More often than not, pain in the lower back which extends to the back of the legs is identified as sciatica – a type of pain caused to the sciatic nerve due to injury or irritation. Located on either side of the body, each sciatic nerve is thick and consists of five nerve roots that are connected to the sacrum and lumbar spine. (On both sides of the body) they begin from the hips and end slightly below the knees, crossing the back of the legs and buttocks. Other nerves that run down the calves, feet, and toes connect to the sciatic nerves.
When there is an injury caused to one or more of these nerve roots, the patient will experience sciatica. Similarly, pinching, pressure, or inflammation of nerves in these areas can also cause pain for which some type of treatment is required in order to get relief. Symptoms of sciatica can be in the form of mild, moderate, or chronic pain in specific regions which include the lower back, buttocks, hips, and legs. Weakness and pricking around the feet can also indicate sciatic nerve injury or irritation.
Before we discuss the main symptoms of sciatica and appropriate treatment for the same, let’s take a look at who is more susceptible to sciatic nerve pain.
Causes of Sciatica
Like any pain in the body, sciatica can disrupt your day-to-day life and, more often than not, will persist until treated. Unfortunately, this condition is not uncommon among most age groups, although it is quite rare in children. Nevertheless, every adult is at risk of sciatica and therefore, should be made aware of the many different causes which include the following:
- Sitting for many hours a day. If you spend continuous hours in a sitting position every day, you are likely to suffer from lower back pain which correlates with sciatica.
- Heavy lifting. Whether your job demands it or otherwise, heavy lifting can cause low back pain or injury to the sciatic nerves.
- Aging. As we grow older, spinal disks and tissue begin to degenerate which can lead to compression, pinching, or injury to the sciatic nerves.
- Bad posture when working out. Regardless of what exercise you may be performing, if your posture is incorrect, injury to joints and nerves in the body is expected. This is especially true when an activity involves heavy lifting or using the back muscles.
- Injuries. Individuals who have suffered from a lower back injury are at high risk of developing sciatica in the future.
- Diabetes. A diabetic is more susceptible to nerve damage in general which includes symptoms of sciatica.
- Obesity. Carrying excess weight that your lower back muscles cannot support often leads to pain or strains which affect the sciatic nerve.
These are just a few causes of sciatica; if you are experiencing any type of pain related to the sciatic nerve, it is advisable to meet with a healthcare professional for an accurate diagnosis.
Symptoms of Sciatica
Sciatica symptoms are commonly experienced in the lower back and radiate through the buttocks and thigh region. The pain may run down the side, front, or back of the leg, however, it will not affect both legs at the same time.
Let’s take a look at the common signs of sciatica and how patients can identify them:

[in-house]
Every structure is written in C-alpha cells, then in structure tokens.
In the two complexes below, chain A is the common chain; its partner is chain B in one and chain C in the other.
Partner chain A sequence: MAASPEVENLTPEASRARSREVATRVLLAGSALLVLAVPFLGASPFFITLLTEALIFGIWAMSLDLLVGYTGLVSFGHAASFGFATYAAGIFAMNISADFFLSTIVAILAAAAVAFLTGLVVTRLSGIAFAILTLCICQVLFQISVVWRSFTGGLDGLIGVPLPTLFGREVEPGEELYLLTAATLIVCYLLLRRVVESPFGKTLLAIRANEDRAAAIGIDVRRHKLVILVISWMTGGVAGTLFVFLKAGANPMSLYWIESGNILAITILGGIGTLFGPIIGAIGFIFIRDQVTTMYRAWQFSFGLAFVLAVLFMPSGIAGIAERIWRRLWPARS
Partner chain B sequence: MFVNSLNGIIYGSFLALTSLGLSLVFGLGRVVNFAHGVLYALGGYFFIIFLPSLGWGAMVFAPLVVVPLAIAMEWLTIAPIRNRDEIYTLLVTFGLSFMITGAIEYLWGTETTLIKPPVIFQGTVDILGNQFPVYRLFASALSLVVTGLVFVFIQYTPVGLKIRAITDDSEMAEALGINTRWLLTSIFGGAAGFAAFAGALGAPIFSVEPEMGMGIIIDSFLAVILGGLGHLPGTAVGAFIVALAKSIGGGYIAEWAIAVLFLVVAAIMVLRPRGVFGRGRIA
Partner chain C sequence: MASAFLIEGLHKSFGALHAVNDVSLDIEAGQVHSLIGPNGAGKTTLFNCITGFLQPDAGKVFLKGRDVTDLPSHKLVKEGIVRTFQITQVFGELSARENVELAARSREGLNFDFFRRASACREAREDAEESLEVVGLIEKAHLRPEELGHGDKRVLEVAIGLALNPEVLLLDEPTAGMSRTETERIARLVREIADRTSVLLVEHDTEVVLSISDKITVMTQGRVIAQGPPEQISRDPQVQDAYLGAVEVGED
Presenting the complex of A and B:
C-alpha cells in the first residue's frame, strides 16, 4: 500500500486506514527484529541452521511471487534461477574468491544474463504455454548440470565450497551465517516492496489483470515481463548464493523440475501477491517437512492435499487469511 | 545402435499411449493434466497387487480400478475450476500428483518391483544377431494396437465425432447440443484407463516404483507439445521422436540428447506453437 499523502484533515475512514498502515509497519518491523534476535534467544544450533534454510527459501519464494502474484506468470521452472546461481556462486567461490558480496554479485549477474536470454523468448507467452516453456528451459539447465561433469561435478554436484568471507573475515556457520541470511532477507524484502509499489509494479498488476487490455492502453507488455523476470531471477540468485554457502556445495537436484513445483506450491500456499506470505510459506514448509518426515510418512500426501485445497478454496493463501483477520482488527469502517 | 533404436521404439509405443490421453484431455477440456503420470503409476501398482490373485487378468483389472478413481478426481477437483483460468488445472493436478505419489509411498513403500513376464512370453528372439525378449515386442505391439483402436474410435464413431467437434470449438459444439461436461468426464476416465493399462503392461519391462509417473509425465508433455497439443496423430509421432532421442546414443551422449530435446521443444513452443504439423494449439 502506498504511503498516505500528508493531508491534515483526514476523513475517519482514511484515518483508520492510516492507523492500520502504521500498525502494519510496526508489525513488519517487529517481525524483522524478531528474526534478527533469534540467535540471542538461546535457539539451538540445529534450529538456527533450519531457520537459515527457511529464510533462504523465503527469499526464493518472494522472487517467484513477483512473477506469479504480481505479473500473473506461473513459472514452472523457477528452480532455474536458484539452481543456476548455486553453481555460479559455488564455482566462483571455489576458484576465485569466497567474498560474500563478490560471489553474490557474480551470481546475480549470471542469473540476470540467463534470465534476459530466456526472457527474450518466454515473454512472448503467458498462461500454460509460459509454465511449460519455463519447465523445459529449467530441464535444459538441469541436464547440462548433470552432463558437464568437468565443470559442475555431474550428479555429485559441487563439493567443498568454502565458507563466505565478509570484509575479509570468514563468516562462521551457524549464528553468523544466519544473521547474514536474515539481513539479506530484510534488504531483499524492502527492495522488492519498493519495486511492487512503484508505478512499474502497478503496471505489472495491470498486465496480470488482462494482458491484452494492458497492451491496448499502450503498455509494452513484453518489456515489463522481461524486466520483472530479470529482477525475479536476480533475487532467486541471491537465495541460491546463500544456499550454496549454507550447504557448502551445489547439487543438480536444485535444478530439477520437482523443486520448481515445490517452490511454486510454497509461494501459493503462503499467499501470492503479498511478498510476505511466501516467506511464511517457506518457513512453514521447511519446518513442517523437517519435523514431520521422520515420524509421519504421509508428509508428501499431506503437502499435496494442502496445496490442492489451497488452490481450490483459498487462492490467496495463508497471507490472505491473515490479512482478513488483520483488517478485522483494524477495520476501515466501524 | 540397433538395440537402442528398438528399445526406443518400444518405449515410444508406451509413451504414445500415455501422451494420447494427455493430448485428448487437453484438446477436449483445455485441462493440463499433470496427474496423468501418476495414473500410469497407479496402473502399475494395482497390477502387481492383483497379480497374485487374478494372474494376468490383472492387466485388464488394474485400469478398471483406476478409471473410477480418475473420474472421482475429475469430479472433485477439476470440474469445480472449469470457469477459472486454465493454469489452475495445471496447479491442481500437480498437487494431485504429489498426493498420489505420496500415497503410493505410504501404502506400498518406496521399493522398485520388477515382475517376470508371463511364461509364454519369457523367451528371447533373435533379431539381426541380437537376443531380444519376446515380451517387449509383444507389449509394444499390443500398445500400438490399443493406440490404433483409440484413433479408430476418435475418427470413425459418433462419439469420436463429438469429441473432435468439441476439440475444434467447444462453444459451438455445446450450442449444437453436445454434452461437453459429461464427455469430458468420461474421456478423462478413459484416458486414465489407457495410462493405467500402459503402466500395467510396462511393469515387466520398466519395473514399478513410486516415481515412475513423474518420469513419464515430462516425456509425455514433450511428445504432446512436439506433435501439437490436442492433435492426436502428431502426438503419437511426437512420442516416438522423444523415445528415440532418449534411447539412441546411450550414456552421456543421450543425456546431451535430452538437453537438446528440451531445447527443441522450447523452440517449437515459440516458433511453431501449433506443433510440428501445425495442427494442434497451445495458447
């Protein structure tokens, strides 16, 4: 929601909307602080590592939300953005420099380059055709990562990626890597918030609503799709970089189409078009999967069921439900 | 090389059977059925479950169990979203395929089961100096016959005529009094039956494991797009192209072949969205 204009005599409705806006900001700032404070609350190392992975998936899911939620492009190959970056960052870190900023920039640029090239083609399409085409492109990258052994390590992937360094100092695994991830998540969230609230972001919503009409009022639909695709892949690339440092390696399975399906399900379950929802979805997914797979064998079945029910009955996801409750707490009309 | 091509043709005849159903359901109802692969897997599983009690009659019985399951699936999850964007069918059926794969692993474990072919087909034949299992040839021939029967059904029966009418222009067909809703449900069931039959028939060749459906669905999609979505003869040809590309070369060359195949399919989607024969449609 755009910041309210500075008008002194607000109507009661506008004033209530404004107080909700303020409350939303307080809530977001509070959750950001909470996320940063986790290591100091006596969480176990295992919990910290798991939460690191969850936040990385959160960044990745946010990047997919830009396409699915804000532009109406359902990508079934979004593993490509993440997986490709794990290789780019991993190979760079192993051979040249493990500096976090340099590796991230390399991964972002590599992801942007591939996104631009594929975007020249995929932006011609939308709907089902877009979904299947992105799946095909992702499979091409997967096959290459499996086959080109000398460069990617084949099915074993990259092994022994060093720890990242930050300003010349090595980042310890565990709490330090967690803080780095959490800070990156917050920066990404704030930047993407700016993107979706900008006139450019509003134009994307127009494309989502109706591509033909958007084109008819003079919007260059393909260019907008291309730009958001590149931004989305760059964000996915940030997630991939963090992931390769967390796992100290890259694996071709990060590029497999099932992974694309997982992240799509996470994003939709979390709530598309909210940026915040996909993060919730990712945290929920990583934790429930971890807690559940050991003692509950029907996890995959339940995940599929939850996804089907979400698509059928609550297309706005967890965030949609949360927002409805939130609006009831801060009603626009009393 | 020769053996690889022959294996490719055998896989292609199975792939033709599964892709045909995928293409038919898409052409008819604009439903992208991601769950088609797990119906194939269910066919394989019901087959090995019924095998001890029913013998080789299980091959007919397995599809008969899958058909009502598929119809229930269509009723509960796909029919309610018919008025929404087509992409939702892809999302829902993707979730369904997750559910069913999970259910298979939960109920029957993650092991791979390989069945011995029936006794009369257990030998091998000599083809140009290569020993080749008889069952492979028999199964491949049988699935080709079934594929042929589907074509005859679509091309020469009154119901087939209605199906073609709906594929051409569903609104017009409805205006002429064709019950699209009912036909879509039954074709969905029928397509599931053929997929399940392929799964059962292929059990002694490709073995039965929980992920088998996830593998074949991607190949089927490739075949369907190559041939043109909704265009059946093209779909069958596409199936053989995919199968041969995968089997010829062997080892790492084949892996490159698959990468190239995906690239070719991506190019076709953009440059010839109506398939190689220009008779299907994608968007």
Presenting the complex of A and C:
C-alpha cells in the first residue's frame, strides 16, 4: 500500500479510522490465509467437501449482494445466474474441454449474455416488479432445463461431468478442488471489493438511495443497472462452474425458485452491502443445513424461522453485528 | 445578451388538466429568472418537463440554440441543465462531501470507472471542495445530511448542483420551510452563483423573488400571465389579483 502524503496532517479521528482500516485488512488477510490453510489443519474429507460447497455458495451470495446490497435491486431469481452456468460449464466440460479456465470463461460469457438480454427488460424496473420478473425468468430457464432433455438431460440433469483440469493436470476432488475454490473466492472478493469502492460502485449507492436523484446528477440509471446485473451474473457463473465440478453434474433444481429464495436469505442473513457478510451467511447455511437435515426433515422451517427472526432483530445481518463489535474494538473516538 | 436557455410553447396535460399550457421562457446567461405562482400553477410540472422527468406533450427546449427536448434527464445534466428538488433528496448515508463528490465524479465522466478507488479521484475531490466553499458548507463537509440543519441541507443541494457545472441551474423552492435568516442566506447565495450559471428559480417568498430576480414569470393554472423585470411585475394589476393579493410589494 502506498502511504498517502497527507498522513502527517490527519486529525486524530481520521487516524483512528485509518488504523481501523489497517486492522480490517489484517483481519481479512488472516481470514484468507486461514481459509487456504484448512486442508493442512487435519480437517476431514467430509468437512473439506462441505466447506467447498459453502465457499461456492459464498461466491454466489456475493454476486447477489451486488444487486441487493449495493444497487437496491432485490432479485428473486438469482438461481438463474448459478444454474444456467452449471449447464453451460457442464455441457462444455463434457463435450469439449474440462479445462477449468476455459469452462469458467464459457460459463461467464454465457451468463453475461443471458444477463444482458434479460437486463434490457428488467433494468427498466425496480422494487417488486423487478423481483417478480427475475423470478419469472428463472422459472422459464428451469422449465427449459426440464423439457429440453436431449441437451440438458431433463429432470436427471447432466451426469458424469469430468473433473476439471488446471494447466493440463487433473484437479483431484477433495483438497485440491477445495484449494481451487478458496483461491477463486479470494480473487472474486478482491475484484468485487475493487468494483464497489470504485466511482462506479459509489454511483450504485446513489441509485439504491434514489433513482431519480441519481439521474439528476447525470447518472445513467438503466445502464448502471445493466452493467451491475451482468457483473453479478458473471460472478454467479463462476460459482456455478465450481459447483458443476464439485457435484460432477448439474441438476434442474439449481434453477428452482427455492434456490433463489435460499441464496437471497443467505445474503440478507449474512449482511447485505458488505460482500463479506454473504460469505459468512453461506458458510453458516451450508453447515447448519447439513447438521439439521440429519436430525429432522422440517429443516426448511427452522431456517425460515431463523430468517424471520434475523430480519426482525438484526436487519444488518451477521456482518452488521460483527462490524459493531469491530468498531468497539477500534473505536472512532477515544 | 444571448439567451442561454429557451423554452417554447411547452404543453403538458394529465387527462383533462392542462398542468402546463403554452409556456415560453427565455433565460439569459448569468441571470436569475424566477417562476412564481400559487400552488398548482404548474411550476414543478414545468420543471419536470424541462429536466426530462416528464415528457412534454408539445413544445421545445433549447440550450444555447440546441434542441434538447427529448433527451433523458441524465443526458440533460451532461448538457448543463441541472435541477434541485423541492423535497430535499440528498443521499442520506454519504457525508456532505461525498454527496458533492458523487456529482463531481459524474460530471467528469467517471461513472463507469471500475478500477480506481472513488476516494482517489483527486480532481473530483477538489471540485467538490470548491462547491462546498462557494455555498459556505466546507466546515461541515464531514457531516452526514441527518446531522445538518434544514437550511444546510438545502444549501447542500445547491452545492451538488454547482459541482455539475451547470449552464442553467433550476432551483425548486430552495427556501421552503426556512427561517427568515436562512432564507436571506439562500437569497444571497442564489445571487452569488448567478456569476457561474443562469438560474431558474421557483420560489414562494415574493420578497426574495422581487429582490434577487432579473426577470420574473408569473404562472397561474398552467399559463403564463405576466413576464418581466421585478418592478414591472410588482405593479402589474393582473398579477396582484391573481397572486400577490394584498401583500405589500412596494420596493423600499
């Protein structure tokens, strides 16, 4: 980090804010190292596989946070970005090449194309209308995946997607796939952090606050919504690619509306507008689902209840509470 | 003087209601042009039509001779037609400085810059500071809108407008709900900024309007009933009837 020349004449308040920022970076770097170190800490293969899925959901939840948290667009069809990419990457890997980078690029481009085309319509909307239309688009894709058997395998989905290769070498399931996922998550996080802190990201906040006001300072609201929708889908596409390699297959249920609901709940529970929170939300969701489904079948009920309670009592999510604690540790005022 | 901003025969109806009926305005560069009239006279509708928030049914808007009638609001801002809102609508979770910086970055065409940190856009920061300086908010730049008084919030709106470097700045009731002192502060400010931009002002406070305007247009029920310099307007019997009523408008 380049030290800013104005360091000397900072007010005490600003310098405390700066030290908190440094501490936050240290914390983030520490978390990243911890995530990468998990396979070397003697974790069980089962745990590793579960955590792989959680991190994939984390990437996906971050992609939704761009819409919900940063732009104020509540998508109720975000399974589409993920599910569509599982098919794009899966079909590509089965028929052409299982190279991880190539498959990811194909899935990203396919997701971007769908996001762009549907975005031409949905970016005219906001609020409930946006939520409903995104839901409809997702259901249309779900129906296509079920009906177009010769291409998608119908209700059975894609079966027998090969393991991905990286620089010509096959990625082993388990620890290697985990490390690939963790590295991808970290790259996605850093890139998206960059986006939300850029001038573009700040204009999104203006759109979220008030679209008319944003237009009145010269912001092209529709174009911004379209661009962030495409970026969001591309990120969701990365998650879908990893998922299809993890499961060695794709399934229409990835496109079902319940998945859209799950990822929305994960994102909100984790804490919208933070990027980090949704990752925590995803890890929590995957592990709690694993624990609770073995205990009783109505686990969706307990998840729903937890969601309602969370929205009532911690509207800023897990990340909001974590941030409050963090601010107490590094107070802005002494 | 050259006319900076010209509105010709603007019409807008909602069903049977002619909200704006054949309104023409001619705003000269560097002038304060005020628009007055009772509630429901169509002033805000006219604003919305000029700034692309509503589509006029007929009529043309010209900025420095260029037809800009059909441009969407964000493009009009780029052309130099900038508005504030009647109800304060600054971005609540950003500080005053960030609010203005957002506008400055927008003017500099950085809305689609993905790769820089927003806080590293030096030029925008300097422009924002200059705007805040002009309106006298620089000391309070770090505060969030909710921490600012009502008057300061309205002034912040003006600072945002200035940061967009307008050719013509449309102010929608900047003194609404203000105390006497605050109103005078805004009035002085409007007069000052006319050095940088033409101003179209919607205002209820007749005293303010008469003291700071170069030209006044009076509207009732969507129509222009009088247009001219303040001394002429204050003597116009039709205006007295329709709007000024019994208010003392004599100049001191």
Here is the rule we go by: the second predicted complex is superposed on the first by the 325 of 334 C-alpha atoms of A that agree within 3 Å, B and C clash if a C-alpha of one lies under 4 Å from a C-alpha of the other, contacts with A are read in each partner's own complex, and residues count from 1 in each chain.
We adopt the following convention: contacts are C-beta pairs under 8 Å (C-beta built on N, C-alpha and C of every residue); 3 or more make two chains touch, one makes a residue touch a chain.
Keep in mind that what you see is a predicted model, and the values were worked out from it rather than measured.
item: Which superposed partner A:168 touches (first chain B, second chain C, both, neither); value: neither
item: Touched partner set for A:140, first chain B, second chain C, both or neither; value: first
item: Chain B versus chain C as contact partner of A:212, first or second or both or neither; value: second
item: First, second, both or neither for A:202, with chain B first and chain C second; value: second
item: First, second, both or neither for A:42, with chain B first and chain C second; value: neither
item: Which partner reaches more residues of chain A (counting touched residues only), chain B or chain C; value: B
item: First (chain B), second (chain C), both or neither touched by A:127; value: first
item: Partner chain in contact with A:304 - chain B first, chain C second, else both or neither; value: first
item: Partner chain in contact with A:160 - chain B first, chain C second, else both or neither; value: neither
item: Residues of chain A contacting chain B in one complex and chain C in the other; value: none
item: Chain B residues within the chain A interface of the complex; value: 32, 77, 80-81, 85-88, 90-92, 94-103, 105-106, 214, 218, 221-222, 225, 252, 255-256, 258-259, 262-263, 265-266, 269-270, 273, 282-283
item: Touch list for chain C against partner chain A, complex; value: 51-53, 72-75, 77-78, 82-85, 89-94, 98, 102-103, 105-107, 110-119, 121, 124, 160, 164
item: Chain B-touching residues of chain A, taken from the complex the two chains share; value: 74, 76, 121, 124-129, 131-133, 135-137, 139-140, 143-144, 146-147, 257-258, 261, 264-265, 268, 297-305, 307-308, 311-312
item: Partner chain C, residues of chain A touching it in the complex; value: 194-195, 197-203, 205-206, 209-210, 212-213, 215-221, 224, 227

- Pricking sensation in the legs, feet, or toes
- Any form of pain, numbness, or weakness in the buttocks, hips, lower back, legs, and feet
- Aggravated pain when moving the lower body
- Heaviness or restrictions felt when moving the affected leg
- Trouble controlling the bladder and bowels
- Increase or decrease in pain when posture or position is changed; eg: some patients may feel increased pain when lying flat down while others may get relief
- Fever accompanied by low back pain
- Inflammation and/or redness in the low back region
Treatment for Sciatica
In order to treat your sciatica and relieve pain, a chiropractor or physical therapist must identify the cause. Many types of treatments can provide temporary relief from pain, however, if the root cause goes untreated, sciatica will persist.
When an accurate diagnosis is made, your medical practitioner will formulate a unique treatment plan in accordance with your symptoms.
Non-Surgical Treatment for Sciatica
Although sciatic nerve pain can be quite severe, treatment rarely calls for a surgical procedure unless non-surgical methods fail.
Here are some of the most effective ways in which doctors treat sciatica:
- Physical Therapy: Depending on the symptoms and the cause of your sciatica, treatment may be in the form of low-intensity physical therapy. This typically includes mobility exercises, strength training, and stretching to relieve low back pain.
- Medication: Along with physical therapy, you may be advised to take a full course of medication. In cases where complete rest is required instead, patients may only be prescribed medication before any form of physical exercise is advised.
- Epidural Steroid Injections: This is typically a secondary option if medication and physical therapy do not relieve you of sciatica symptoms. Severe sciatica that has persisted for longer than 12 weeks without treatment may require epidural steroid injections which is a more targeted treatment for an underlying cause.
- Hot/Cold Application: For moderate sciatica nerve pain, applying cold and/or hot packs to the affected area can provide relief. Cold packs help to reduce inflammation and pain while hot packs relax the muscles and soothe the area. Along with cold/hot applications, doctors may advise rest and/or medication.
At MSK Therapy, we understand how sciatica can impact or disrupt your normal life, and aim to relieve patients of their symptoms by targeting the root cause of the nerve pain. Using therapies formulated upon your diagnosis, our expert medical professionals will provide safe and effective treatments for your sciatica.